Vince stared at Aiuppo over the rim of his glass, his mouth dry. "What are you saying, Rudy?" he asked quietly, his heart beginning a slow pounding in his ears.
"I am telling you that if you wish it, I will set you over Brod and Castellano. I will use my name, my reputation, to place you in a position of power." Aiuppo leaned back in his chair, cupping his grappa with both hands, watching Vince intently.
Only the merest dilation of Vince's pupils could have given Rudy any indication of what he was thinking, but the old Don smiled approvingly as Vinnie slowly set the glass on the table in front of him and leaned back in his chair.
"I can make you Don," Aiuppo said simply.
Vinnie swallowed once. Hard. "In return for what?" he asked softly.
"You will return the protection of the family to the streets. You will use the Cosa Nostra to remove the gangs, or to contain them like rabid dogs." Aiuppo took a sip of the water-clear liquor in his glass. "And you will use the FBI to leash the Cosa Nostra. Your laws will be bent though perhaps not broken. You will make that compromise, knowing that to work outside the law is the only way to uphold it." He paused, eyeing his stepson sadly. "Your mother is beyond our ability to hurt her, now. I must find a way to undo what I have done." He leaned forward intently, all his attention focused on Vince, who sat staring at him in amazement. "But I cannot do it alone, Vincenzo. I need your help to help the family."
"You're telling me that you'll help me infiltrate your own operation? Let me place undercover agents throughout the mob in return for reorganizing the organization'?" Disbelief colored Vinne’s voice. Aiuppo didn't respond immediately, and the long silence gave the younger man time weigh the immense complexity of the offer that had just been made. Vince pondered, thinking it through, considering possibilities, consequences.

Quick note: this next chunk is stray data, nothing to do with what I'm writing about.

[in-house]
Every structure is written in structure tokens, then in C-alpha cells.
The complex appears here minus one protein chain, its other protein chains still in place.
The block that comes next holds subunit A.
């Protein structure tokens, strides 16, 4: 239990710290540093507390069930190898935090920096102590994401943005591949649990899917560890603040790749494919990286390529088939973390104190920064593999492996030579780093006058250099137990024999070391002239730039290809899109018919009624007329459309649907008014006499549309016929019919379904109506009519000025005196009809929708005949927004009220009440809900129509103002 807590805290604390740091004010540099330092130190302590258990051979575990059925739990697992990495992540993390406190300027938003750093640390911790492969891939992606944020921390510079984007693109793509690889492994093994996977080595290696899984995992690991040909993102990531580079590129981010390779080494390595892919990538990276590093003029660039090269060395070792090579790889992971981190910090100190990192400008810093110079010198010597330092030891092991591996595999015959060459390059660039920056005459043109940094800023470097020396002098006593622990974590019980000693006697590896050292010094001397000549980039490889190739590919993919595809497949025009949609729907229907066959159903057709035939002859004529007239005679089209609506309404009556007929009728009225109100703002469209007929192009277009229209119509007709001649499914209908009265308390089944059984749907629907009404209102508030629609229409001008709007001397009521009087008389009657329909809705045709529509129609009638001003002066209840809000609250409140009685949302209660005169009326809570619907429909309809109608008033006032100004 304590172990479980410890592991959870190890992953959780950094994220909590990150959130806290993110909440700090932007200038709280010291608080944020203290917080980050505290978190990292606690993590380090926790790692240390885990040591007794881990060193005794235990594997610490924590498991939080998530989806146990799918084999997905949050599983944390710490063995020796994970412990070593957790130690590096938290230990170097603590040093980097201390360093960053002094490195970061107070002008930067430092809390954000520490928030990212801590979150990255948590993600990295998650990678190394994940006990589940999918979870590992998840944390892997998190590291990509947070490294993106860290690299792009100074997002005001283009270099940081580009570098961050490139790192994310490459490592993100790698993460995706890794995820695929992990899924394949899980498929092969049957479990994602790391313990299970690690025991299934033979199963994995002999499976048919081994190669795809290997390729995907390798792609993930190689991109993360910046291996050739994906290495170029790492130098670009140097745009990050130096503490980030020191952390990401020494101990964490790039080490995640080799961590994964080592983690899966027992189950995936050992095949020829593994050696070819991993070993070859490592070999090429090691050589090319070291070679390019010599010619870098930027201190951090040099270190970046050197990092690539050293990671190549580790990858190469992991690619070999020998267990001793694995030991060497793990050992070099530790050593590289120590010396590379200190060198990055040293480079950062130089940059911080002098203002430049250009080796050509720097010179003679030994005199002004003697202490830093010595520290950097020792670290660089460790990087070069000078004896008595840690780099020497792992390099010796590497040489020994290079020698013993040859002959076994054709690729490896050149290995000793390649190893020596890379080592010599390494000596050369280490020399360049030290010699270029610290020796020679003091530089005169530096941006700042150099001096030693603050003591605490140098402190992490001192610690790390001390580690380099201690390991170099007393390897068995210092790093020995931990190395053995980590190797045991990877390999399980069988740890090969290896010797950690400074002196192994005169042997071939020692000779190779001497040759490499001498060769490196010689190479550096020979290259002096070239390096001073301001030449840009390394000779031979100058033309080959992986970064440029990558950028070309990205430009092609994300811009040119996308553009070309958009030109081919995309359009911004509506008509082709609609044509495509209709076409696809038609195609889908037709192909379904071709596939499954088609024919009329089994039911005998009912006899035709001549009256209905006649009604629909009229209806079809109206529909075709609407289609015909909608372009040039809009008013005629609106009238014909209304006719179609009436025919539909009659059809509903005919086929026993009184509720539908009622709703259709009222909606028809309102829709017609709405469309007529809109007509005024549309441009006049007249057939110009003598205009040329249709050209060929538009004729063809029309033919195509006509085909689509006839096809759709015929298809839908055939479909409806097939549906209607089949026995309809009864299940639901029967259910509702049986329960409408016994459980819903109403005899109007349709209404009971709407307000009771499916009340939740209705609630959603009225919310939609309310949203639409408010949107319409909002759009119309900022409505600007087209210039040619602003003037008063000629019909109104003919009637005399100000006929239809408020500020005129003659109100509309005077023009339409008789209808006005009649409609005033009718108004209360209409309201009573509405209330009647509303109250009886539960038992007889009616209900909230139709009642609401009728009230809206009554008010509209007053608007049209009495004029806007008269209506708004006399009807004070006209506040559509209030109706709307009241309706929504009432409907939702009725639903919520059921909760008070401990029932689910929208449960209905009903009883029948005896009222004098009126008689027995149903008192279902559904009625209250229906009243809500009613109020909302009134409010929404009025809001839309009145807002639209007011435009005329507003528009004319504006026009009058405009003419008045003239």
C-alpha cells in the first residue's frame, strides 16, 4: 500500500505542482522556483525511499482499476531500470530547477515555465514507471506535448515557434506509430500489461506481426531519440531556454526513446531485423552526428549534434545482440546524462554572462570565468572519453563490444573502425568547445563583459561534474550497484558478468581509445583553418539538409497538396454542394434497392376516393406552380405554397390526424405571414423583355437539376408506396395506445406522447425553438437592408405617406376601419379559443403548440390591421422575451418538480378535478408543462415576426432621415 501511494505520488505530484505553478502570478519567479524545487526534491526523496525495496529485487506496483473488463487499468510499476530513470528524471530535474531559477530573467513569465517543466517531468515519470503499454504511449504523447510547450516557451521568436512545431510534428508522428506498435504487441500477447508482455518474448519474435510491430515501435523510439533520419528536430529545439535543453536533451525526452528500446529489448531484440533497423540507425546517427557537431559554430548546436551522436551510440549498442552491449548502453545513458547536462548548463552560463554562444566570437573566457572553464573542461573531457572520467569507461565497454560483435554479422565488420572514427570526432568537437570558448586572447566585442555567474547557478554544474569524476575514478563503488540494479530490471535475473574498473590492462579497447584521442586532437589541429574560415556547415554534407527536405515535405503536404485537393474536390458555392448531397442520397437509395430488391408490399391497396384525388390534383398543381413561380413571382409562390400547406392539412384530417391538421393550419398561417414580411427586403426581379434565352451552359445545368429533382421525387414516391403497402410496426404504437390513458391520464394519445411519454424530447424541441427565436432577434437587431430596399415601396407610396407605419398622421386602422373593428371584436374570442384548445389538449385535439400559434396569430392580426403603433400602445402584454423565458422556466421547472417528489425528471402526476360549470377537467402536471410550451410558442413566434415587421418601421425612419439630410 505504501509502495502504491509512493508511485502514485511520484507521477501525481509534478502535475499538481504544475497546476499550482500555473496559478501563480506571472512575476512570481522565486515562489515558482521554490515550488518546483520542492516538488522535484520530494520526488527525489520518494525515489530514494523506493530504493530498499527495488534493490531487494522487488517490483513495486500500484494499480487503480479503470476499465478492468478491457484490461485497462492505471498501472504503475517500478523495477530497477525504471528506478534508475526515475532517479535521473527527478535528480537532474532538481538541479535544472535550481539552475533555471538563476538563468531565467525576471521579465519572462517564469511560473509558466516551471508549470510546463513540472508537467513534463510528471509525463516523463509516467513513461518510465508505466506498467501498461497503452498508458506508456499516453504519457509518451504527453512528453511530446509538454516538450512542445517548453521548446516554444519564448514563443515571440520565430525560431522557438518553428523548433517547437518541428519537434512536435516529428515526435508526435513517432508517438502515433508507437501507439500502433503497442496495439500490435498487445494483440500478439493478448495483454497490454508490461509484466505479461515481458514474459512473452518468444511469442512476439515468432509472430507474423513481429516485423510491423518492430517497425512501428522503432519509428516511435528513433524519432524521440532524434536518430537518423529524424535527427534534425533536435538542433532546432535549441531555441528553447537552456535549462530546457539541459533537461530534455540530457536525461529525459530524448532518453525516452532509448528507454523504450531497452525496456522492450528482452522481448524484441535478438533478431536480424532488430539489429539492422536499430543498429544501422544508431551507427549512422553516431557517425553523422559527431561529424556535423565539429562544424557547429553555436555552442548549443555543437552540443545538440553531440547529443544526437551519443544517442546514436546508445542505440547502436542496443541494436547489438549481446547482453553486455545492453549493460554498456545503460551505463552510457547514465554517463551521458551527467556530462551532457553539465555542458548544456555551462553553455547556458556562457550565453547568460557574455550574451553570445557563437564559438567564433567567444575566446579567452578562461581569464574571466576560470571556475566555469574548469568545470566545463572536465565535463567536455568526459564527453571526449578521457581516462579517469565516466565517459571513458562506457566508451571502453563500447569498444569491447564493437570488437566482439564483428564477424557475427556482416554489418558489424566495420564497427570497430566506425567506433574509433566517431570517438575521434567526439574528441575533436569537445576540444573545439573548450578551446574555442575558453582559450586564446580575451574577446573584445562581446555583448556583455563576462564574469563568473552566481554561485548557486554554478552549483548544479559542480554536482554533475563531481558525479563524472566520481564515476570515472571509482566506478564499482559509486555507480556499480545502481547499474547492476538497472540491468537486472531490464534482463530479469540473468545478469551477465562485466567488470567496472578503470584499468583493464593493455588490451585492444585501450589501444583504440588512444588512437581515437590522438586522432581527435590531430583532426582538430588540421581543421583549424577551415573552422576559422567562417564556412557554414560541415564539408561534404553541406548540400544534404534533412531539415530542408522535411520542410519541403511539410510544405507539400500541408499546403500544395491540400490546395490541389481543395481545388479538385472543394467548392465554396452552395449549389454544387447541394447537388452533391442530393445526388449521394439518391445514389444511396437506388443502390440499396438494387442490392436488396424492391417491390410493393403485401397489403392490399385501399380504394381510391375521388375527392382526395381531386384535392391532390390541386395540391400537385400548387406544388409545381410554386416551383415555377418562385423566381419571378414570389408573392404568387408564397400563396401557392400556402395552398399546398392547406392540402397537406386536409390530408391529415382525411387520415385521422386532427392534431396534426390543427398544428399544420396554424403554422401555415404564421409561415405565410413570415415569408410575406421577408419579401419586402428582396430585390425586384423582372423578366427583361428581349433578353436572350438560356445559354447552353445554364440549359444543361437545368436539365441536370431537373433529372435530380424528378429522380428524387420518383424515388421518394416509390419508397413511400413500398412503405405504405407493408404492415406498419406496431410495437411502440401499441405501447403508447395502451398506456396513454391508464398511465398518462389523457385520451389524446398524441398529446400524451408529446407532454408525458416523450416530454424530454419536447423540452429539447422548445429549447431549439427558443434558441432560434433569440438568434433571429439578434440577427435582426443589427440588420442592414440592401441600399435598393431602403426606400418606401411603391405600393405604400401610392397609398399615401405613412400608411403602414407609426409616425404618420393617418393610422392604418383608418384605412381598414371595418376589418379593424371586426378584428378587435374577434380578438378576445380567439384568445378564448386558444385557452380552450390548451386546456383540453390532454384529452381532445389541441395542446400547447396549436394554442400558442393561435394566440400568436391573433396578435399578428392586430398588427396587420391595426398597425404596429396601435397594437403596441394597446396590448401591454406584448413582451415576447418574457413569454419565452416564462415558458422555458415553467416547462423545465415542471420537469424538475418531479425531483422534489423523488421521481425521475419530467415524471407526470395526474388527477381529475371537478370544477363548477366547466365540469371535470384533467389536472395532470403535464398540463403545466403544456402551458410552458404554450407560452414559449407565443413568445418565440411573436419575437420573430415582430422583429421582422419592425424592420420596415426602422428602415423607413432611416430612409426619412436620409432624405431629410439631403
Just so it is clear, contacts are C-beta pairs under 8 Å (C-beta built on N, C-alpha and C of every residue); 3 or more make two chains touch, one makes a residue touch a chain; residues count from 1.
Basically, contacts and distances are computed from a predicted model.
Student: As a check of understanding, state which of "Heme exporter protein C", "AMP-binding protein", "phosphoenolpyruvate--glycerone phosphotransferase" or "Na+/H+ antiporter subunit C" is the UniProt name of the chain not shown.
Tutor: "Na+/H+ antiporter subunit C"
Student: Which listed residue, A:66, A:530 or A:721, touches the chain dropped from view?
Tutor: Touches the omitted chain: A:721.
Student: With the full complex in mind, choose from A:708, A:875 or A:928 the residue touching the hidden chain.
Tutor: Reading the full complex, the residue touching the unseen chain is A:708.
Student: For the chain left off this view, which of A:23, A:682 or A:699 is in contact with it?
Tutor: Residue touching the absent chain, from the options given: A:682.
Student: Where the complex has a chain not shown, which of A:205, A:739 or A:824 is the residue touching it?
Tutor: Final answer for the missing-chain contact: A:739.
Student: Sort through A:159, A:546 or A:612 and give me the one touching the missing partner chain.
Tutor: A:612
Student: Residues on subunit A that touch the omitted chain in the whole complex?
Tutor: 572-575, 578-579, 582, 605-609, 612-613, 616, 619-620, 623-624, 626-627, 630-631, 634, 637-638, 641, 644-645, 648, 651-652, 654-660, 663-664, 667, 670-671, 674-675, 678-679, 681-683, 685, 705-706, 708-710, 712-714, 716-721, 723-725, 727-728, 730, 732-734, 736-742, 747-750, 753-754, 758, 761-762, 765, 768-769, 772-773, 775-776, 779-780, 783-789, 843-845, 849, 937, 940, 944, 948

"The OCB will never go for it," Vinnie said eventually, still evaluating the implications of the extraordinary proposal.
"Then find a way to convince them," Aiuppo leaned forward in his chair, eyes glinting.
"I can't exactly break legs, Rudy. This is a decision I can't influence."
"No, there you are wrong, Vincenzo. "You are the only one who can. You must convince them that you are equal to the challenge. That you will not succumb to temptation — because there will be great temptation — that you will find a way to do what neither the family or the FBI can do without you."
Vince exhaled noisily. "I think you're over-estimating my charm, Rudy."
Aiuppo shook his head. "No, I do not think so, my boy. Those blue eyes of yours would convince a stone."
Vince sank his chin onto his chest and stared at the fire that crackled on the hearth for a long twenty minutes, thoughts chasing around inside his skull like rabbits pursued by dogs. "I'll take it to McPike," he said finally, draining his grappa in one swallow and getting to his feet.
Rudy sank back into his armchair with a nod.
Now, some four hours later, he was no closer to sleep than he had been, and well on his way to being drunk. He had no idea how to approach McPike with something of this magnitude. Something in his belly trembled with nerves, and he recognized the adrenaline rush that accompanied a new assignment. The sheer magnitude of the offer Aiuppo had made staggered the imagination. His brain felt numb, trapped in a deep freeze, somehow stunned into a short circuit. And yet…
you out of your mind?!" McPike asked, consternated. "Or
maybe more to the point, is HE?"
"He didn't look crazy to me, " Vince said, struggling to smother a grin. "Stop hyperventilating, Frank."
McPike made a mighty effort to slow his breathing, trying to hear through the shrieking in his brain. "I would much, much rather accept your resignation," he managed.
"To be honest, I'm not sure I wouldn't rather you did," Vinnie smiled. "But this is way over my head. I figured you and Beckstead would probably have to take it up the ladder for some kind of decision."